Skills Provide an Objective Data Foundation and Common Language

From a people perspective, skills initiatives create value for employees and the business. From the data side, most any business problem can be solved with skills data. Guest author and HR thought leader Ben Eubanks shares his insights.

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This post previously appeared on the SHRM blog.


When it comes to discussions about skills in the workplace, it can feel very much like an all-or-nothing proposition. You either get it right and reap the rewards, or you get it wrong and never have another opportunity to solve the skills puzzle. I’m hoping the following parable helps illustrate how that’s simply not true.

A ceramics teacher stood up in front of her classroom and told the students they would be competing on a pot they would make. The teacher split the students into two groups: 

  • The first group would make a pot a day, and each student could submit the one they liked best.

  • The second group would study best practices, analyze experts, and prepare a plan. Then each individual would make a single pot using all of their knowledge and ability and submit that pot at the 30-day mark.

When it came time to choose the best pots, the first group took every single award.

So what’s the critical lesson here? We all know that in many areas of life, it’s important to begin and improve. Nobody jumps on a bicycle and rides 10 miles on the first day. Nobody sits down and writes a beautiful novel their first time at the keyboard.

We often want to wait and try to take the absolute perfect first shot, but it’s usually better to get started with what we know and iterate over time.

Employers with better revenue and retention rates are 40% more likely to be using internal talent marketplaces.

Developing a skills-focused initiative is a great example. Admittedly, there are numerous potential challenges, such as:

  • Lack of buy-in from executives who don’t understand the use cases for skills data.

  • Disorganized or unclear employee data sources.

  • Biased ratings and skill assessments from managers (as highlighted in the first piece in our series).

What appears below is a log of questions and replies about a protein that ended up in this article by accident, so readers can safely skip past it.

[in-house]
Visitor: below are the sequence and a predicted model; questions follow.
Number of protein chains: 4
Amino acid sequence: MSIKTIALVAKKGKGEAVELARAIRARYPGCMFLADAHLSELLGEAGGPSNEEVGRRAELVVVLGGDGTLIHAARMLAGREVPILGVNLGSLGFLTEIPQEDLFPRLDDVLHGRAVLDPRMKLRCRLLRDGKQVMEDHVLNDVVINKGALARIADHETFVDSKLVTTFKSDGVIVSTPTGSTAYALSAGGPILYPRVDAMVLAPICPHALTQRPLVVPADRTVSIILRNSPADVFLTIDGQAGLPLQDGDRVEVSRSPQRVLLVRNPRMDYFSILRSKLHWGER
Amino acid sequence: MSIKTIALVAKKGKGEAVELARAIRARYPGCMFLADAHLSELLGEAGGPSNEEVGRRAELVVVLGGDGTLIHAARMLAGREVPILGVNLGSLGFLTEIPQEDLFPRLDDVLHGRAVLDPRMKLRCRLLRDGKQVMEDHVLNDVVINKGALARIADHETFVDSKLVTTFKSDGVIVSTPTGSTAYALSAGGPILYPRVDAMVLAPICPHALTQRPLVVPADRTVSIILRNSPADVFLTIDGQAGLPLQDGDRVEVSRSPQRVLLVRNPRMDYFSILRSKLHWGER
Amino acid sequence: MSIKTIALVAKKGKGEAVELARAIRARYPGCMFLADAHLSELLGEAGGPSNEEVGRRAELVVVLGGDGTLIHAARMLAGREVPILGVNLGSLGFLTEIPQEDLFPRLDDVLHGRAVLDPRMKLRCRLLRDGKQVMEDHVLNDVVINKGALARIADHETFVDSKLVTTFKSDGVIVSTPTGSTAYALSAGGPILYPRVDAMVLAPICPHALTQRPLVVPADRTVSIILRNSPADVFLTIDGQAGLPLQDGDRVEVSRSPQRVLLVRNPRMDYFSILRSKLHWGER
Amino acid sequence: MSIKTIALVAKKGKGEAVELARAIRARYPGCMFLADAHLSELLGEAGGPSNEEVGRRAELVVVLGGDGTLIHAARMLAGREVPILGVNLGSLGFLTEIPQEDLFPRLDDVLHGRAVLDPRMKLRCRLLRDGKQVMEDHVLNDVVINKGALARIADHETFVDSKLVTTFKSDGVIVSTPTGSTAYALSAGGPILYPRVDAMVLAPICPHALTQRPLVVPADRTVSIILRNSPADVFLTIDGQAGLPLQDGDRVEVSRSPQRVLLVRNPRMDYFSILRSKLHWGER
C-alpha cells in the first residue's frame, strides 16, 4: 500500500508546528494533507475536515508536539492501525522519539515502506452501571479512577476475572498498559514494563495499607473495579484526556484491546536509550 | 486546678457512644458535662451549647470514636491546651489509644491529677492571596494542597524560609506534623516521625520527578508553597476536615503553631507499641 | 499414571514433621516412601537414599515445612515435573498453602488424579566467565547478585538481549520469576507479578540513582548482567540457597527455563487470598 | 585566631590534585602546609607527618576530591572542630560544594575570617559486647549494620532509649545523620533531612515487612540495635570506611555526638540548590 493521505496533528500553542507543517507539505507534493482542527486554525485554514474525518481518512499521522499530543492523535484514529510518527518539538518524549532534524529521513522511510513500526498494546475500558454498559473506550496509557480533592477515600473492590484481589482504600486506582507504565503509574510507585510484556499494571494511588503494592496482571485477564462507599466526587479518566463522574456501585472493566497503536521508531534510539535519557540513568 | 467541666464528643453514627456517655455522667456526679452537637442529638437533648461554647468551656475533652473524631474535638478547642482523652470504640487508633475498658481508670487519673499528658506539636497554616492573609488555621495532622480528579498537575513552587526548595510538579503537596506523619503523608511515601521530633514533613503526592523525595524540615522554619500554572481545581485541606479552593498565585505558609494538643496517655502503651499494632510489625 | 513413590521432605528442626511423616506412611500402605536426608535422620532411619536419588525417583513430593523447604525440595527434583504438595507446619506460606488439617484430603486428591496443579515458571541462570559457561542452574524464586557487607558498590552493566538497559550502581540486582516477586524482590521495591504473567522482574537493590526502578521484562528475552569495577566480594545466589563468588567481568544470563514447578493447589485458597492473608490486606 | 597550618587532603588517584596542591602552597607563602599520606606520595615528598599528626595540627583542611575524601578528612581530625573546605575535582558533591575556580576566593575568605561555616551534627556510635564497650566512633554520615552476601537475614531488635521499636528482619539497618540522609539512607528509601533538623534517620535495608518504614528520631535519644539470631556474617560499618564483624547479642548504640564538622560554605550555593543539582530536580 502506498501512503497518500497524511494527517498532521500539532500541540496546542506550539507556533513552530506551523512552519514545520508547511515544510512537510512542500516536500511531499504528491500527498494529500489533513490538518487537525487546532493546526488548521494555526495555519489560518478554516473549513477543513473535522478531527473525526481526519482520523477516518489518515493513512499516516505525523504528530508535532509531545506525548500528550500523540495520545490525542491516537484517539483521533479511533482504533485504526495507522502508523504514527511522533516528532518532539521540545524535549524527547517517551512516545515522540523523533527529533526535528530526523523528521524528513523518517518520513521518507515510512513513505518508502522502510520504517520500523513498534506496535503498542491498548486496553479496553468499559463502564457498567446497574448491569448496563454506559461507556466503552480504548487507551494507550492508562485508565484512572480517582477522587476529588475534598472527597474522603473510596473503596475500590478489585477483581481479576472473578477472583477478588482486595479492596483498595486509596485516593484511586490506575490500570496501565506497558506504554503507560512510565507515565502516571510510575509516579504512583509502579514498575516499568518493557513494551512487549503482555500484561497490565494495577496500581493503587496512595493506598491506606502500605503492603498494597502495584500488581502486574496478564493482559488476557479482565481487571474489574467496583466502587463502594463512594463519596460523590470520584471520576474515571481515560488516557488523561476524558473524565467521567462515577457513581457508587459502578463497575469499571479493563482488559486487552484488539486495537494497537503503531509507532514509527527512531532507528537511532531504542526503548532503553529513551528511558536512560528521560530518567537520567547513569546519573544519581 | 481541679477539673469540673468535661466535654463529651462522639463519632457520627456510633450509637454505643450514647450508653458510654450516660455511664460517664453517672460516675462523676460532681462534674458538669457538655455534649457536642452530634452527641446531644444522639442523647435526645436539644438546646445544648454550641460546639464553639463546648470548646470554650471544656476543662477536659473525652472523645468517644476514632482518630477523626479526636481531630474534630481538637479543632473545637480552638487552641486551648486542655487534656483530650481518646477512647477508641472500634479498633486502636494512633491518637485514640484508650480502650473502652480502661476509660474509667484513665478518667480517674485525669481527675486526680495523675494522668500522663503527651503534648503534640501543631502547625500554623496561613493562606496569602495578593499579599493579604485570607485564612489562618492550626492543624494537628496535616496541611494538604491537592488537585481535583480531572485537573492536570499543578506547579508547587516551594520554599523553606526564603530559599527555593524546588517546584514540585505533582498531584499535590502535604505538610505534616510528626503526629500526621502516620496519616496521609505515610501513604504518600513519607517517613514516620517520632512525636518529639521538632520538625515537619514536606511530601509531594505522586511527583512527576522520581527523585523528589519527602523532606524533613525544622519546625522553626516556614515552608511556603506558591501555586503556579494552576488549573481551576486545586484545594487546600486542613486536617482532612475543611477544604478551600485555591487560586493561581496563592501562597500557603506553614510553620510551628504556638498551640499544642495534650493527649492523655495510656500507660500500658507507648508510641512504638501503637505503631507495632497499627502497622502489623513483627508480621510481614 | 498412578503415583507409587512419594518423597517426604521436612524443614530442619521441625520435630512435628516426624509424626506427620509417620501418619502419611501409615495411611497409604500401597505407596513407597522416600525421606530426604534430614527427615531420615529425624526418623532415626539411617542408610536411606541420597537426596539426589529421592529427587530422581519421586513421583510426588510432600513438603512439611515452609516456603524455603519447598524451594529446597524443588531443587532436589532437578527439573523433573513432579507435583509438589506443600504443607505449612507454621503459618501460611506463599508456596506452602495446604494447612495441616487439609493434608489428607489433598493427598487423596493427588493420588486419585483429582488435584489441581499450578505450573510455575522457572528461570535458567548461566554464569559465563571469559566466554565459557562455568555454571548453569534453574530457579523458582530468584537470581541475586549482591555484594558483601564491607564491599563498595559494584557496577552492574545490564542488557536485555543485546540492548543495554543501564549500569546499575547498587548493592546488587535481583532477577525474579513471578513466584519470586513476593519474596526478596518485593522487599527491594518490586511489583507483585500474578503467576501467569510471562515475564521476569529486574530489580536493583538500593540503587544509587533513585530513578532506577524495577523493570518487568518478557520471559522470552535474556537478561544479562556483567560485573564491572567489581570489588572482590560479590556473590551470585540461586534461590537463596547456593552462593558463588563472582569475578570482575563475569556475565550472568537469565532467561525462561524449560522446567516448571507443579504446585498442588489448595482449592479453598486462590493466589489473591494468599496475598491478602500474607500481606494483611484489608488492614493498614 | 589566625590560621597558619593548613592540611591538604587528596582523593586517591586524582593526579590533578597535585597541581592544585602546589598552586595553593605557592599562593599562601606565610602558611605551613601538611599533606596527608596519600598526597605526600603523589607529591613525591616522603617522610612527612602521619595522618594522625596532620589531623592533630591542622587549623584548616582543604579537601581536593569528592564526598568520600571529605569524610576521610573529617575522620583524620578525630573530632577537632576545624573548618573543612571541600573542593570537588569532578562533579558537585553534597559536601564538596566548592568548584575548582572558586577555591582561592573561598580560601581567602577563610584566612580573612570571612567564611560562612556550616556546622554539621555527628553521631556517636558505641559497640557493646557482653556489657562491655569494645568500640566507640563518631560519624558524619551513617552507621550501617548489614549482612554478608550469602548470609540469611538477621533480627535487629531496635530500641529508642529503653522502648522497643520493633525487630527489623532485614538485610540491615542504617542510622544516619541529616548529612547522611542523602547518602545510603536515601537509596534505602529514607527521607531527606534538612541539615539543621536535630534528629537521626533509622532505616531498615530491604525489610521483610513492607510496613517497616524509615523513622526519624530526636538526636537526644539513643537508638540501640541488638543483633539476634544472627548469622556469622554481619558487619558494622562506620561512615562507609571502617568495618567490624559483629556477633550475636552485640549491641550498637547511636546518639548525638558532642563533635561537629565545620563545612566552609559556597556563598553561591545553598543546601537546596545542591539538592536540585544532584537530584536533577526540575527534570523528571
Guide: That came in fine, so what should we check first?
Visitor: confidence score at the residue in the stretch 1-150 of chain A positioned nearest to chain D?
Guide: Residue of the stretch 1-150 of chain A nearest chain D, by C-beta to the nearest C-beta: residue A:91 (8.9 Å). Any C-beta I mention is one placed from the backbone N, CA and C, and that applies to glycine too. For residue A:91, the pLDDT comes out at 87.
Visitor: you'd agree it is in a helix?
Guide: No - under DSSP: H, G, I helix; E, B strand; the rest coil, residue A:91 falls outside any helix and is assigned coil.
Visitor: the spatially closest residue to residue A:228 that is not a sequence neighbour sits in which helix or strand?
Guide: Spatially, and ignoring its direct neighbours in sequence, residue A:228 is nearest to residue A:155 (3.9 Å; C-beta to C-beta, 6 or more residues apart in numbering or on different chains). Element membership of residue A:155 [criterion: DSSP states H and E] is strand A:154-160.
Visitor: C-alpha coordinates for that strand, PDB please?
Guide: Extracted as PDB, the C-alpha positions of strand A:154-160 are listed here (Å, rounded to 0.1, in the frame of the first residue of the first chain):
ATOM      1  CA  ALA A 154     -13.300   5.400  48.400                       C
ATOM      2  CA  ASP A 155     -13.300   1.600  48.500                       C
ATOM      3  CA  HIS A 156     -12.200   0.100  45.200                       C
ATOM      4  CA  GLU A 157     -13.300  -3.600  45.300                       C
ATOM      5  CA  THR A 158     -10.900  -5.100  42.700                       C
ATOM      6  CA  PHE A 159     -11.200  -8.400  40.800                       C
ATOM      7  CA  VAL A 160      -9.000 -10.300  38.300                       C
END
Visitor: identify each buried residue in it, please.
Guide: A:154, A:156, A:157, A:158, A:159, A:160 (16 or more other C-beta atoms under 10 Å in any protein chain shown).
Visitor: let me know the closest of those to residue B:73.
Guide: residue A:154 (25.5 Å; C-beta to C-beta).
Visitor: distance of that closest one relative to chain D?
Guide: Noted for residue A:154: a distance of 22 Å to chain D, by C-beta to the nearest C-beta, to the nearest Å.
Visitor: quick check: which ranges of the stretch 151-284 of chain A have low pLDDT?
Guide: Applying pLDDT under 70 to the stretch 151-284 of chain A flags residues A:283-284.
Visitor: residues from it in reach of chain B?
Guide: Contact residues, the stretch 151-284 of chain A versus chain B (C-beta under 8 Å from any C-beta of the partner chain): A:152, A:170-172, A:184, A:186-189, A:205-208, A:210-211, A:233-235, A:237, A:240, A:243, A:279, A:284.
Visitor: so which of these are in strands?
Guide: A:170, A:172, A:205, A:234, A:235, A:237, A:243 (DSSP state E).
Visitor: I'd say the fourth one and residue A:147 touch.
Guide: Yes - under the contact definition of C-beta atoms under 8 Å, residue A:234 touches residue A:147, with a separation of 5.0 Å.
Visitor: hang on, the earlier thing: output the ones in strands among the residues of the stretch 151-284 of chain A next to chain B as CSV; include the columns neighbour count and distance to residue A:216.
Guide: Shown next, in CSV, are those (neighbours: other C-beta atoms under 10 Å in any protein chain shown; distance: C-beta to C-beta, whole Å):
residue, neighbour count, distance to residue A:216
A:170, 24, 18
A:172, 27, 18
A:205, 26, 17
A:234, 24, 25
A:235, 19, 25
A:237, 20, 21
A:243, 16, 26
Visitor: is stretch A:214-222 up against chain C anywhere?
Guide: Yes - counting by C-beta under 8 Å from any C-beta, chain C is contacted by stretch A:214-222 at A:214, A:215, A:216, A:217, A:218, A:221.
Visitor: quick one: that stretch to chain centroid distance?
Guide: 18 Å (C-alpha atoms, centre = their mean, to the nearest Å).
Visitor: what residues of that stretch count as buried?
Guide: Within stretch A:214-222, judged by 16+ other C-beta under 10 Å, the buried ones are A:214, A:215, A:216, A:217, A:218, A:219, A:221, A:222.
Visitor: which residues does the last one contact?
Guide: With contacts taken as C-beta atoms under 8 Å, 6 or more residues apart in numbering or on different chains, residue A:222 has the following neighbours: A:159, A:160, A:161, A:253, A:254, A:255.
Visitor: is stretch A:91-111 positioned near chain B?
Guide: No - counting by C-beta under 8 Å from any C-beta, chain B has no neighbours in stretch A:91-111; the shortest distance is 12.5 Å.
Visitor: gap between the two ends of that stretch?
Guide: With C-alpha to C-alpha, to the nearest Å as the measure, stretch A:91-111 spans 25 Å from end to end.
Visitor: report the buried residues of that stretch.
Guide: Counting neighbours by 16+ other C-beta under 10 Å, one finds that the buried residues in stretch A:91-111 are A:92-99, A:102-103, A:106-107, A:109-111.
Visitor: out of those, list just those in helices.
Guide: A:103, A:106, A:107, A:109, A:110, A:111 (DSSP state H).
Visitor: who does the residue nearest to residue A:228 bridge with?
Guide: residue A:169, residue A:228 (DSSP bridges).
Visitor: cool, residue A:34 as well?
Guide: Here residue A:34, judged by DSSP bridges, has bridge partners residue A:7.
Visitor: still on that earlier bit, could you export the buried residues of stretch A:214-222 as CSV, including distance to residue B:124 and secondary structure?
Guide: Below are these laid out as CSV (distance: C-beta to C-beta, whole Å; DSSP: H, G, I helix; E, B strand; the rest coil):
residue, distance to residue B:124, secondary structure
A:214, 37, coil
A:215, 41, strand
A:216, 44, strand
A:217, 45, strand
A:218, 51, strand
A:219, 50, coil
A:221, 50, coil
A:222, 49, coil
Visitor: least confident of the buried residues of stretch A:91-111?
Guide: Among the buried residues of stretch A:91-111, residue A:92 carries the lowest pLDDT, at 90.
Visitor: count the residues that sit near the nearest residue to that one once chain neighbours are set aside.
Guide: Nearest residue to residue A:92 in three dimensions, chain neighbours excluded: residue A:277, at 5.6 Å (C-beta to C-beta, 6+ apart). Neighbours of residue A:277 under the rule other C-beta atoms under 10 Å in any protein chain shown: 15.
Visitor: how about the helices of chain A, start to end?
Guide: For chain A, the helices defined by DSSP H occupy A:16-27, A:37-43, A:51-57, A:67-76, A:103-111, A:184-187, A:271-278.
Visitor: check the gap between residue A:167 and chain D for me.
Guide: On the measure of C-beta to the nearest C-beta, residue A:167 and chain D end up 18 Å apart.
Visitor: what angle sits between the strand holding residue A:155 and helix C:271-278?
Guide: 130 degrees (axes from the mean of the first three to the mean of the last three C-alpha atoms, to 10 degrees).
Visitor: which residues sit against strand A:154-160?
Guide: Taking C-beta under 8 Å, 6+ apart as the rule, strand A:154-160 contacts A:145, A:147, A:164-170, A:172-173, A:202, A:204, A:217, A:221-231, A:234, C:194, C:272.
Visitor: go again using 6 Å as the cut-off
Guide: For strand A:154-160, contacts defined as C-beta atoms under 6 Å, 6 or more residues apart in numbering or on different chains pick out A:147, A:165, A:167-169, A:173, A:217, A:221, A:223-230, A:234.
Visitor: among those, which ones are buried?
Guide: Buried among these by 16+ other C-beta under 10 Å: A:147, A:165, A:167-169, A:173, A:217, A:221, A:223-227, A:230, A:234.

However, just as the story above illustrates, taking a consistent, intentional approach will ultimately achieve the best results.

Skills as an Objective, Data-Driven Foundation

I’ll talk more about the human side of skills initiatives and how they create value for people and the business, but first I want to explain the fundamental value of skills data. Almost any business problem can come back to skills data.

  • Customer service issues. What skills do your customer representatives have or need?

  • Quality issues. What skill is the team missing?

  • Low employee engagement. How do you acknowledge and tap into the skills of your workforce?

Not only do skills answer these problems, but they are quantifiable data points. They are measurable. And when something can be measured, it can be improved.

In addition, this creates a common foundation for decisions and conversations within the business. Instead of saying, “our people aren’t qualified,” leaders can pinpoint the specific skill gap and how to solve it. Instead of feeling like it’s impossible to hire the right talent in a tight market, leaders can highlight internal skills that exist and leverage those to tackle immediate needs.

Every stakeholder, from senior executives and HR to managers and even the employees themselves, can benefit from this foundational layer of data. But it doesn’t have to feel cold and clinical—there are real human impacts as well.